Essentials > Health & Safety >Safety & Security

Personal Safety

Paris is generally safer than other major cities when it comes to violent crime (remember handguns are illegal), but visitors should still remain alert and use common sense.

Pickpockets are a problem, especially in tourist areas (like the Champs-Elysées) and crowded Métro cars, so always keep your bags closed and wallets in front pockets. Gypsy children are the most common offenders, but pickpockets may also wear business suits to avoid suspicion. A hidden money belt to protect your passport, extra cash and credit cards is advised for peace of mind. Beware of distractions, especially if you’re at a cash machine. And never, ever leave your baggage unattended (if it’s not stolen, it could be mistaken for a bomb).

Read this note from the Paris Police for visitors (in UK English; a "boot" is a car trunk). 

Strikes and Marches

I read somewhere that there are about 700 protest demonstrations a year in France, and more than half are in Paris! Despite some high profile (read: looks good on TV) unrest in November 2005 and the student protests/riots of March 2006, most protests are peaceful.

Use common sense, though, and stay away when you see them. The CRS (French riot police) carefully guard all major demonstrations, directing traffic and preventing violence. They are armed and use tear gas and water cannons when things get out of hand.


France has been fighting terrorism on its own soil for decades. After the Métro bombings of 1995 the Plan Vigipirate was enacted (a sort of Homeland Security act). As a result, many trash cans were replaced with clear plastic bags; there's no parking allowed in front of schools, government buildings and sensitive areas like Jewish temples; and you will see a lot of machine-gun-carrying French troops around town. The Parisians are used to this now, but visitors are always a bit shocked the first time they see them.

For Women

Women traveling alone should ride in the front car of the Métro or train, nearest to the conductor. Try and avoid the long maze of Métro tunnels at Montparnasse, République and Châtelet-Les Halles late at night, which tend to be full of young thugs. There are yellow emergency call boxes on every platform. French men are famous for trying to pick up beautiful women they pass on the street. To avoid unwanted advances, don’t smile if you accidentally make eye contact (it’s interpreted as a come-on). If you think you’re being followed, go into the nearest open café or restaurant and ask them to call you a taxi.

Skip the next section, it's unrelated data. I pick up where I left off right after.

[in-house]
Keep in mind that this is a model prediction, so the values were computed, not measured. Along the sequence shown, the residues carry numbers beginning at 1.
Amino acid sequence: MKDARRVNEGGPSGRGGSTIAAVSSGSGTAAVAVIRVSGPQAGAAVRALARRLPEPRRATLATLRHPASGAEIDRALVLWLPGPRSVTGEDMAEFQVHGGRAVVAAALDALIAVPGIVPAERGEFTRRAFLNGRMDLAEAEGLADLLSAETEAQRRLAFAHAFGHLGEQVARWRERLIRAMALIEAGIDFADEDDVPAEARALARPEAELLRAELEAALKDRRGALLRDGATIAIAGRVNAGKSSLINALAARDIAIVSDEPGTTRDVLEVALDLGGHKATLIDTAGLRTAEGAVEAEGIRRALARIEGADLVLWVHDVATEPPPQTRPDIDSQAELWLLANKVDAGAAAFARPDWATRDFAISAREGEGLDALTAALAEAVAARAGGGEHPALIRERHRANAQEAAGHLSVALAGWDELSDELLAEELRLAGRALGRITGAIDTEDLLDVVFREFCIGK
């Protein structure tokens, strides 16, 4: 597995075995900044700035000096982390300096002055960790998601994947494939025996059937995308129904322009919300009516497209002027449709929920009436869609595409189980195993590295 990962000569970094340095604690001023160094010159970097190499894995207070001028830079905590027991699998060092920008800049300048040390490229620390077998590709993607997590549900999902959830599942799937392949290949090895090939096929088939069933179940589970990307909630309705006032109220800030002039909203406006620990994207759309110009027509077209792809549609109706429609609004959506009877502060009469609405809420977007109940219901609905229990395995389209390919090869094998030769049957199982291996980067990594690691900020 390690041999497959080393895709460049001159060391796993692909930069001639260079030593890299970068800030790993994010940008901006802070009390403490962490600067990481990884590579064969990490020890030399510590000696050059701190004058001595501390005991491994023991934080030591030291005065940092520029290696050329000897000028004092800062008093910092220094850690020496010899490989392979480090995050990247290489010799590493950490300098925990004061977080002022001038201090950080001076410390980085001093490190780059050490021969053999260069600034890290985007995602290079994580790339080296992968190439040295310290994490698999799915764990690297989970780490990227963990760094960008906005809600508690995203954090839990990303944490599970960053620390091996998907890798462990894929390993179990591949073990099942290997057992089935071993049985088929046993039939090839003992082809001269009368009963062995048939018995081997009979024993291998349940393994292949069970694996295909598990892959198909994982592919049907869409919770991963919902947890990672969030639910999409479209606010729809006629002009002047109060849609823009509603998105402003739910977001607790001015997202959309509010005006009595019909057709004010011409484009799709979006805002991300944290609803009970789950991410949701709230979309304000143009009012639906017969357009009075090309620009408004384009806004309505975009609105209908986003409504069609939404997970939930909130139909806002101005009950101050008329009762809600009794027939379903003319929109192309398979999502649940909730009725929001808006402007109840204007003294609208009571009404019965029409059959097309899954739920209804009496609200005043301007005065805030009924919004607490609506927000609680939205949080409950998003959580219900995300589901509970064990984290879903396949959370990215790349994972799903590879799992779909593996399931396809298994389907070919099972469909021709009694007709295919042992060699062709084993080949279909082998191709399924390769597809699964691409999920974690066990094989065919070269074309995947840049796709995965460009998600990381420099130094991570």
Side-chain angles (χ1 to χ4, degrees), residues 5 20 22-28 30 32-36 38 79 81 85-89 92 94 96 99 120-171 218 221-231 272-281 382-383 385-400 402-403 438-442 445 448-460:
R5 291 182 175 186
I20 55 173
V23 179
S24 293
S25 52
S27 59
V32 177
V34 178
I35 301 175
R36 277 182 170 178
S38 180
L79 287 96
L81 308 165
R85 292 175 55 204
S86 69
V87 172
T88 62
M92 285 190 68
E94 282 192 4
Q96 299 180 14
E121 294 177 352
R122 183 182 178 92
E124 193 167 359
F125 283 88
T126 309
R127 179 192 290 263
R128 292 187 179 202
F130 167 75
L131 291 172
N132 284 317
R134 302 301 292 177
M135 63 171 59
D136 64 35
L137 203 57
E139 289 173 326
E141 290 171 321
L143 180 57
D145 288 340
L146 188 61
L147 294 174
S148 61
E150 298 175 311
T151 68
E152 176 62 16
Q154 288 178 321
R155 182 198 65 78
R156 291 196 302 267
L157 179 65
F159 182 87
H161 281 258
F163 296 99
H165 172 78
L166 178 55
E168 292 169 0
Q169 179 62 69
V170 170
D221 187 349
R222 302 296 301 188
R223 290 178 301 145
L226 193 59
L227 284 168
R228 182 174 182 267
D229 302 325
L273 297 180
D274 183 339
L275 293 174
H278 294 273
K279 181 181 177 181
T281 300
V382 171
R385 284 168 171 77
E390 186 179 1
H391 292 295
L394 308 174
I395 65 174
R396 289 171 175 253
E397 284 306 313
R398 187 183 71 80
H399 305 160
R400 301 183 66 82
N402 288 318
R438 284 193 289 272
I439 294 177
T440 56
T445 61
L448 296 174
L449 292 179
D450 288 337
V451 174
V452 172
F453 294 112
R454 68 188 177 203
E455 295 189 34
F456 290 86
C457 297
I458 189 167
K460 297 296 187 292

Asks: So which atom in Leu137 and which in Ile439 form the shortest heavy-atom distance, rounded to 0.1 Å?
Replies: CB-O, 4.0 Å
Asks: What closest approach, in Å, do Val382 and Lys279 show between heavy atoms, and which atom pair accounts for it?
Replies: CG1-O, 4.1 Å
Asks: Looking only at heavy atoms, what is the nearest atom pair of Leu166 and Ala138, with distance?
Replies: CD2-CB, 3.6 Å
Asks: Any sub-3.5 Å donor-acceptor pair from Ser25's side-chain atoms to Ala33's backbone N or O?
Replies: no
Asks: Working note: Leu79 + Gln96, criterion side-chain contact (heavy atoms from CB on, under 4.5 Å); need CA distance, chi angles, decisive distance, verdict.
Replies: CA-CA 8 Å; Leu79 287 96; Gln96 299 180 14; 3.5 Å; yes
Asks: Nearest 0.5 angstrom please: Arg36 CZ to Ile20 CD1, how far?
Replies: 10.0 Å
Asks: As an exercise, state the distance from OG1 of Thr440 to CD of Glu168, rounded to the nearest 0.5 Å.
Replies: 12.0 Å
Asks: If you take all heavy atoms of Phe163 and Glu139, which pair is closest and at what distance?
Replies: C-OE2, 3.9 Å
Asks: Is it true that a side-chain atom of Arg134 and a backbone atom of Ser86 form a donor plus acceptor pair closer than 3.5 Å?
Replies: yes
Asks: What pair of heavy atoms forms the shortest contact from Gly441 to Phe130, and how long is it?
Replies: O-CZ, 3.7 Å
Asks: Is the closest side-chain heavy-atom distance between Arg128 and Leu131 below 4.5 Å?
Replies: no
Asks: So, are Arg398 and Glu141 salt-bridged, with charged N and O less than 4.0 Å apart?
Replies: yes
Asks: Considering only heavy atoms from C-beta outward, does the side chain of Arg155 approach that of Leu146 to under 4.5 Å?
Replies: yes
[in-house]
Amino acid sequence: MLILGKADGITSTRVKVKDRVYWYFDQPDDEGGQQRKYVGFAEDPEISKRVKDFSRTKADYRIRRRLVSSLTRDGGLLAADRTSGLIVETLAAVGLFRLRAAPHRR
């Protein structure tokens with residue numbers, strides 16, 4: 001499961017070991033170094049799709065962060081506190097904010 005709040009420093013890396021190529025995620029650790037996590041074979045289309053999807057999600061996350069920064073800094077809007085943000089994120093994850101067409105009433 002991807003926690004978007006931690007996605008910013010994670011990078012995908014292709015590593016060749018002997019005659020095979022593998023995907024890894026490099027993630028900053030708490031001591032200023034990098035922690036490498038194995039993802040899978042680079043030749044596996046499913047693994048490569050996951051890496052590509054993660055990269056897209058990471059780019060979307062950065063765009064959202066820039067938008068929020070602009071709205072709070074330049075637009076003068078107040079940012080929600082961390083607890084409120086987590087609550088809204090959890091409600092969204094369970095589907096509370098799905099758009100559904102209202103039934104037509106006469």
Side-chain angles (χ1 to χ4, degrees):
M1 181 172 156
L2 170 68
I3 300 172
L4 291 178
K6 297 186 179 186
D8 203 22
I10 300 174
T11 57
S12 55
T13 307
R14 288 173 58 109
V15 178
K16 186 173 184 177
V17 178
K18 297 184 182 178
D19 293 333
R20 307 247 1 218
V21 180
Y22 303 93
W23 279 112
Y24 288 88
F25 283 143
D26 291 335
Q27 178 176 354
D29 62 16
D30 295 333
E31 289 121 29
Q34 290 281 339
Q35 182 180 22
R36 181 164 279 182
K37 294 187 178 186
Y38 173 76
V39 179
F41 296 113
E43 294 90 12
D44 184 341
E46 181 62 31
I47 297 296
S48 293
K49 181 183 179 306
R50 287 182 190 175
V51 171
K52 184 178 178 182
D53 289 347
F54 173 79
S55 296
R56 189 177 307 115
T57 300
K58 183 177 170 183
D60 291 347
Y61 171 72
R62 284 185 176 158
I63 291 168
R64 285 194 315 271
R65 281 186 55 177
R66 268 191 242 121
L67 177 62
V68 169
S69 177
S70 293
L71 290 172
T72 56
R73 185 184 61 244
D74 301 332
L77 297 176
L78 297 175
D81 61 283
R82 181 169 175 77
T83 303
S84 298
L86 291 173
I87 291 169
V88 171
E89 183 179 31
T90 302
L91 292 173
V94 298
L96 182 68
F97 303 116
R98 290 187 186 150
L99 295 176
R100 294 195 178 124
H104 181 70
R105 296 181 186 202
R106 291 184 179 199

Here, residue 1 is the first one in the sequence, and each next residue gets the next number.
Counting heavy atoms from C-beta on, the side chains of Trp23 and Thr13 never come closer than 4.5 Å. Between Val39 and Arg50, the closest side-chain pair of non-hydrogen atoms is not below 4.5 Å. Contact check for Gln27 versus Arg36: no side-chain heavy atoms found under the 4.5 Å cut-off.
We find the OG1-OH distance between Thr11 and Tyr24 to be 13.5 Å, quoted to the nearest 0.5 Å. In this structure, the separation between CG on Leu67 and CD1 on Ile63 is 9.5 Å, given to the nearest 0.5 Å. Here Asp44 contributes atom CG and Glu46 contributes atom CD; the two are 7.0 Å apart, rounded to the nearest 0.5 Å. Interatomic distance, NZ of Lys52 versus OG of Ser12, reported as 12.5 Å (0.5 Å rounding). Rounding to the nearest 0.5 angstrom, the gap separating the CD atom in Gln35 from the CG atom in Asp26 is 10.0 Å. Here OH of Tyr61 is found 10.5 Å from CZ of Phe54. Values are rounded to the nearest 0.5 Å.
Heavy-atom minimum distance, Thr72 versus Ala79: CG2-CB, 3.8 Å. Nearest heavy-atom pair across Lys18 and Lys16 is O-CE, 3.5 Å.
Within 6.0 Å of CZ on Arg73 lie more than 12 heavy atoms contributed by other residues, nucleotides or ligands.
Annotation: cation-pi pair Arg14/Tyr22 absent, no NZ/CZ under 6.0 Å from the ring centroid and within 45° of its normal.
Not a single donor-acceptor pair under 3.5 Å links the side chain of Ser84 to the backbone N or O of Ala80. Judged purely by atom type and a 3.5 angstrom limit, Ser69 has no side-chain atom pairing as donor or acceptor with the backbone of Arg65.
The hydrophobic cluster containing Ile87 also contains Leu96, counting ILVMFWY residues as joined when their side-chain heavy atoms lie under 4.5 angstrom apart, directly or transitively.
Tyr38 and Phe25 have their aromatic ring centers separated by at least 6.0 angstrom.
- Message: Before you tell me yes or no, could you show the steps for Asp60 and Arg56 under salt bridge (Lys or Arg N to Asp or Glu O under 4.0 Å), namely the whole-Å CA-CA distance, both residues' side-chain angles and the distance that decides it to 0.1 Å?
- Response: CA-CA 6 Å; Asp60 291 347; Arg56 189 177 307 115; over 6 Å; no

Blending in when you're a visitor is more difficult than it looks. Even in a big city, those with blonde hair, taller than 5'6"/170cm, or wearing clothing brands or styles that aren't common in France will reveal you as a tourist. So expect to get attention, no matter what. The best thing to do is to ignore male attention. Don't worry about being polite, this is a big city! As soon as you open your mouth, even to say "leave me alone" they will hear your accent and continue harassing you even more. I never talk to men in the street or on the Métro when I'm alone, even if they're asking the time. They can ask someone else. Self preservation, ladies!

Lost or Stolen Items

If you’ve lost something like a coat or hat, it’s worth backtracking to find it. You can also check the Service des Objets Trouvés at the Préfecture de Police (36 Rue des Morillons, 15th M° Convention Tel  0 821 00 25 25). They have bilingual phone reception, and are open weekdays 8:30am-5pm (until 8pm on Tues and Thurs).

To report stolen items (which may be necessary for insurance purposes), contact the nearest Préfecture de Police (main office at 9 Boulevard du Palais, 4th M° Cité, Tel 01 53 71 33 56).

Report Missing Credit Cards

  • Visa 0 800 90 20 33
  • Diner’s Club 0 800 22 20 73
  • JCB 0 800 058 111
  • Eurocard Mastercard 0 800 90 23 90
  • American Express cards ( USA ) 0 800 900 898; (other countries) 01 47 77 72 00
  • American Express traveler’s checks 0 800 90 86 00

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